The Texas Education Agency was proud to announce this week that Texas students taking the ACT college-admission test did better than ever this year. Commissioner of Education Michael Williams said not only the scores for all students combined but also those for white, Hispanic/Latino, and African-American subgroups were at all-time highs, matching or exceeding nationwide averages. The data show “we continue to make steady progress in college and career readiness, validating our efforts to improve rigor in Texas public schools,” according to Commissioner of Higher Education Raymund Paredes.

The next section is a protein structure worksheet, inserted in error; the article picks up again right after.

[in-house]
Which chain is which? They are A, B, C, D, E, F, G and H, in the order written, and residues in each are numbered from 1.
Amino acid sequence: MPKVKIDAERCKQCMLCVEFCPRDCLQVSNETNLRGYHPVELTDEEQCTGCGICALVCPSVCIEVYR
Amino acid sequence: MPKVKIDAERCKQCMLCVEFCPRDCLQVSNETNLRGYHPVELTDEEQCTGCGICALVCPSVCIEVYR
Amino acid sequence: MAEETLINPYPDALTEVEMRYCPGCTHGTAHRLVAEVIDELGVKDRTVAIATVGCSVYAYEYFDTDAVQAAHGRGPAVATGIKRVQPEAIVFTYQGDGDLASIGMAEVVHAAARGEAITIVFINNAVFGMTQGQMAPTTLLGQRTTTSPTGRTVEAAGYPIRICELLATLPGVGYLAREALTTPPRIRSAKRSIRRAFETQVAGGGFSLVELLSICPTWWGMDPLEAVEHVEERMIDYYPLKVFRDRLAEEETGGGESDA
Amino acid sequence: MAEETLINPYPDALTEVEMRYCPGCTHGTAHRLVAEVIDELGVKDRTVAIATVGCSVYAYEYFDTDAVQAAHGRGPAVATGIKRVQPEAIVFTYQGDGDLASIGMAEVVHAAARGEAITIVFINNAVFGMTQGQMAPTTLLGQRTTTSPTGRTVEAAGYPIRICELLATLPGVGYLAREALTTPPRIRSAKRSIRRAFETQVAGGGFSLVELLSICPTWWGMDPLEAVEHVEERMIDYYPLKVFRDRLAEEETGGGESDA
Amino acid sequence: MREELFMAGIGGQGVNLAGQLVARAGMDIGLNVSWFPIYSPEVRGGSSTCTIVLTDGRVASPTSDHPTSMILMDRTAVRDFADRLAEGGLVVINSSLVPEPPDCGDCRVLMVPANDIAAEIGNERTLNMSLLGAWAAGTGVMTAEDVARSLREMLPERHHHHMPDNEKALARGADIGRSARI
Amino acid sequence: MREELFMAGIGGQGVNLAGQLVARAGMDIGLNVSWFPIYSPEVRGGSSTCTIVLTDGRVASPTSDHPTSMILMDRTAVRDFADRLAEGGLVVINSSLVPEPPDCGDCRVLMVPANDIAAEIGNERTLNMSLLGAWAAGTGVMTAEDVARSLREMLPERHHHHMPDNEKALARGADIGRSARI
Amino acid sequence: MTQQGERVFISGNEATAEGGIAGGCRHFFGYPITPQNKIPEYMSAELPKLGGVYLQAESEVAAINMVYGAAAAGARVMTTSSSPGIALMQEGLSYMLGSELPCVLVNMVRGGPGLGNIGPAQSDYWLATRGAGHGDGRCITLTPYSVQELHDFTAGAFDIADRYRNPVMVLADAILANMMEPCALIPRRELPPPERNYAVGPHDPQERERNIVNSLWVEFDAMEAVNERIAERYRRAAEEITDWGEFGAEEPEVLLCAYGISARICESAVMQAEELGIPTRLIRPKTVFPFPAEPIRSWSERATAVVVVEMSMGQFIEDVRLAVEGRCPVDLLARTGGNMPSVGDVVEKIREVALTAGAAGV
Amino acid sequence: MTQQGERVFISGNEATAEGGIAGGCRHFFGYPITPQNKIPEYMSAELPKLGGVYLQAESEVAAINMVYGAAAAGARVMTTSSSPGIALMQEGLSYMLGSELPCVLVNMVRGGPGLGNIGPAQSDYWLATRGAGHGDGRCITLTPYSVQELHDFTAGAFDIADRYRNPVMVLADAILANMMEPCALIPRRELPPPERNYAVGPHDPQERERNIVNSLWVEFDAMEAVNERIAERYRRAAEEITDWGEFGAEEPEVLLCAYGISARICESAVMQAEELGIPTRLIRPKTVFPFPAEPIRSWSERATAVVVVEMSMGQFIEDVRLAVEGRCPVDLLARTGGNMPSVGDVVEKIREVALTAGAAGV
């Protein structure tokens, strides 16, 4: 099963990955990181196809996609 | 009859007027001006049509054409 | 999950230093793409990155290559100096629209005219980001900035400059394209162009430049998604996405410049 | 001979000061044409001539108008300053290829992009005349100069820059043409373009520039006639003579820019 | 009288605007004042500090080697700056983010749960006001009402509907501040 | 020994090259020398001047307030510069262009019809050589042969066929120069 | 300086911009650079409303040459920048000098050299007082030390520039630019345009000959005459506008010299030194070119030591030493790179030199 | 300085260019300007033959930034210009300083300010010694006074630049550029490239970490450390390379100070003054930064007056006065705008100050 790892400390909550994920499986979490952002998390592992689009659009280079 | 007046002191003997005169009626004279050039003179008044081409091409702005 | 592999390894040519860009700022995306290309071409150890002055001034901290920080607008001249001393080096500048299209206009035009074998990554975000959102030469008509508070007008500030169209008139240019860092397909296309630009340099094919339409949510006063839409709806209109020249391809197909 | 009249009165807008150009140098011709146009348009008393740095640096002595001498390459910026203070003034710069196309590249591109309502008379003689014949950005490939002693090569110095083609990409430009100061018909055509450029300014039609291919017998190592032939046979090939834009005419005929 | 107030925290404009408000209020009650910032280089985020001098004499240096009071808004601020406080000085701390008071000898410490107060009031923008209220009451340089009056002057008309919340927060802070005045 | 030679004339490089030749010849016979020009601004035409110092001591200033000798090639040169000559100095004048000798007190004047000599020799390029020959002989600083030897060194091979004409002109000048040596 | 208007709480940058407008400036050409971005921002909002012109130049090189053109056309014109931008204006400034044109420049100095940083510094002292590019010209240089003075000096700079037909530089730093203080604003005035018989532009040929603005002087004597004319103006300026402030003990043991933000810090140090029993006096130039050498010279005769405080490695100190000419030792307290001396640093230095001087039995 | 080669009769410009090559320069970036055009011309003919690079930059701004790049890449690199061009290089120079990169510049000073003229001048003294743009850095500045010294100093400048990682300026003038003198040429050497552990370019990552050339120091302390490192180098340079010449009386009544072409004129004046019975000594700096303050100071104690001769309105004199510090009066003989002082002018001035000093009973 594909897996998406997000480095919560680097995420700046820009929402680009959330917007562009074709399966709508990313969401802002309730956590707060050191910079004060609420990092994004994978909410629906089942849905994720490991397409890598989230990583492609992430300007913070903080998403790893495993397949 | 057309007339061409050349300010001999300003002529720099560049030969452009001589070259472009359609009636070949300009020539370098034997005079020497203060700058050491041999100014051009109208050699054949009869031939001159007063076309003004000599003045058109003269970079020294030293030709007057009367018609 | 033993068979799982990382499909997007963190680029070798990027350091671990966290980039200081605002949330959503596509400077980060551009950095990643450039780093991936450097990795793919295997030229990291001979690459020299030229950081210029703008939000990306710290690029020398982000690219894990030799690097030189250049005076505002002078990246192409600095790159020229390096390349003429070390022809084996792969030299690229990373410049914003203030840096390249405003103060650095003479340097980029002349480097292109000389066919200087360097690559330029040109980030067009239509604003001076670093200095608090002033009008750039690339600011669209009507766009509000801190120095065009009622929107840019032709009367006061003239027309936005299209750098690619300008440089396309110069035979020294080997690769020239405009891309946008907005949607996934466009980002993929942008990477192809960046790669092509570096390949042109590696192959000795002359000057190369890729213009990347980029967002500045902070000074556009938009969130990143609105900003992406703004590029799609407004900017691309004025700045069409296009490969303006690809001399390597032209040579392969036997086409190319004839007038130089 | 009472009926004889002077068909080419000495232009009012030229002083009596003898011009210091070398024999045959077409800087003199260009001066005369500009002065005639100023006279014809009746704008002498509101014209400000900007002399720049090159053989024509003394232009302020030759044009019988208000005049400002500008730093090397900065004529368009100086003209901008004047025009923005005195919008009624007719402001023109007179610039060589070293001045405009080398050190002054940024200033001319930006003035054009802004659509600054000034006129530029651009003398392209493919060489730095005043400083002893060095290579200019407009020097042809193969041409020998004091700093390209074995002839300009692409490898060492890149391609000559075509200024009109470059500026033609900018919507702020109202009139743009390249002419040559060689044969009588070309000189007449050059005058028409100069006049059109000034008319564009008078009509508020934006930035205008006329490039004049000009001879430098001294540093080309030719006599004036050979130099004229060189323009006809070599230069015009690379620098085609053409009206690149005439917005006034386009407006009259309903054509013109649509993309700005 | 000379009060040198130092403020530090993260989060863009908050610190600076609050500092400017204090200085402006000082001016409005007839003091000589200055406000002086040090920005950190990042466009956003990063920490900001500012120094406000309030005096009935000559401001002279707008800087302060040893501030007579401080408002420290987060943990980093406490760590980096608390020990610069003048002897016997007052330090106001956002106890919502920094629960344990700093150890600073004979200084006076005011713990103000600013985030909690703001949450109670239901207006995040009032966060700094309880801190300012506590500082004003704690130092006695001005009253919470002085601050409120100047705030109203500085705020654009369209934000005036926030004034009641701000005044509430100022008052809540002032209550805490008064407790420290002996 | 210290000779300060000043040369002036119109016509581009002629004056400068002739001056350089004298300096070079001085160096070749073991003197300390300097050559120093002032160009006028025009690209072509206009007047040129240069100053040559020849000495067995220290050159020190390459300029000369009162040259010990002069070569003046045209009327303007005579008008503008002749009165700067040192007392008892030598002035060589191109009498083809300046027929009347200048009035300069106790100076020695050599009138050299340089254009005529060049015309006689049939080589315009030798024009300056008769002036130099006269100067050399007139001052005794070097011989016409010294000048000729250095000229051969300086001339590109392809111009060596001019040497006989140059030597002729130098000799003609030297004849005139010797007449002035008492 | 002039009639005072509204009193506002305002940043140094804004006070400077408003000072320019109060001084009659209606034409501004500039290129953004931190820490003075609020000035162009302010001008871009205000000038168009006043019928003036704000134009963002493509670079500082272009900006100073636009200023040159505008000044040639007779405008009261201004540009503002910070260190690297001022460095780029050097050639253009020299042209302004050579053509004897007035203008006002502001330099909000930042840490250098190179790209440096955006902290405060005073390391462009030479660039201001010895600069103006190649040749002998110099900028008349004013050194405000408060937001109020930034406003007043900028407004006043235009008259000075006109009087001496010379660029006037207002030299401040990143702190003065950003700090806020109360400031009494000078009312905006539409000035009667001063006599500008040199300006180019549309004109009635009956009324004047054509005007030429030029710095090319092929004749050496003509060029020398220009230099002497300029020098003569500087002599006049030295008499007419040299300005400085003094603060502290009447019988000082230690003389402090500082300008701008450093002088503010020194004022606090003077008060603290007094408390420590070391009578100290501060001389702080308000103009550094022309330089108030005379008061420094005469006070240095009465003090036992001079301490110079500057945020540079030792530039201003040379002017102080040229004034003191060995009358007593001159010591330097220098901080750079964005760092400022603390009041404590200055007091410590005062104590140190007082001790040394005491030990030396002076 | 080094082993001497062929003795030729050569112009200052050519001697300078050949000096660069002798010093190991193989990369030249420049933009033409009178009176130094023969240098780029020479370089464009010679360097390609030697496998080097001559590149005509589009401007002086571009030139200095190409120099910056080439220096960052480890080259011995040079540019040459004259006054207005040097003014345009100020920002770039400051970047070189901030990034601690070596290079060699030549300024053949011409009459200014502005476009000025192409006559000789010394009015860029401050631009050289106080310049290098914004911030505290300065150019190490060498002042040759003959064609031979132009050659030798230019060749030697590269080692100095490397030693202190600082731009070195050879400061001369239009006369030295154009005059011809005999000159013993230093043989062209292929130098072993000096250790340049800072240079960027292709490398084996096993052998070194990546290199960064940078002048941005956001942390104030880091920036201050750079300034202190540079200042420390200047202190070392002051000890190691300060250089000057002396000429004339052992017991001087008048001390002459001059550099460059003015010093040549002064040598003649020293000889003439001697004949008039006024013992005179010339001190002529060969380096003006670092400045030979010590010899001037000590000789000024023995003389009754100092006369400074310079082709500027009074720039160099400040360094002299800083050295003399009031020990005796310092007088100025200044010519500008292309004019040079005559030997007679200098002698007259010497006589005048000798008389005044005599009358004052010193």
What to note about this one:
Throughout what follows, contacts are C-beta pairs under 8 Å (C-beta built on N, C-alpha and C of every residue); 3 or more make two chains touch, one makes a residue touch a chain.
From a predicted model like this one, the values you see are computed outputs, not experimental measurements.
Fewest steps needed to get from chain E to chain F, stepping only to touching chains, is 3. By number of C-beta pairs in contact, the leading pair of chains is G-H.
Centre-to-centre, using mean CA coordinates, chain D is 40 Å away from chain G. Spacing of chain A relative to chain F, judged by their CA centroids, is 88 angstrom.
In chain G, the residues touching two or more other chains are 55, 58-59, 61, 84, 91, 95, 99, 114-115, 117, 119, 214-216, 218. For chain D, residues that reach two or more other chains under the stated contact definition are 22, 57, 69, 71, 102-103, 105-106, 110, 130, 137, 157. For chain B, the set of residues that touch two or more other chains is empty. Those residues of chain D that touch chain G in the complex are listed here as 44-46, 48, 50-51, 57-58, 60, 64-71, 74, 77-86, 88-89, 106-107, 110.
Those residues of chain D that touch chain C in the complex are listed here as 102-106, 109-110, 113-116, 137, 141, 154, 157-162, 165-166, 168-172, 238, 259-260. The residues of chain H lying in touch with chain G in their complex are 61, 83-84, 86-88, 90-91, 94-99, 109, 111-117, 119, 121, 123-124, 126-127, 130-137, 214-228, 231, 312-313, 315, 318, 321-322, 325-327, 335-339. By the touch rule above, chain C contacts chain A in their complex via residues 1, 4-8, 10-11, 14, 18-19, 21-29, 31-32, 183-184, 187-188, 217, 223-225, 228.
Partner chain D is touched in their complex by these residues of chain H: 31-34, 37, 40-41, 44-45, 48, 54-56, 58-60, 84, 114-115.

Reviewing the data, though, we find ourselves wondering about a couple of things. For one, there was a decline in the number of Texas students taking the ACT, even as there was an increase in the number taking the exam nationwide. Could recent cuts in the state’s financial aid to college students and rising tuition costs be having a discouraging effect on college aspirations, reflected in declining test participation?
We also have to wonder how much better the ACT results for those tested might have been if the state had not made deep cuts in education funding to the detriment of students from pre-K through high school. You can see the entire ACT report at here.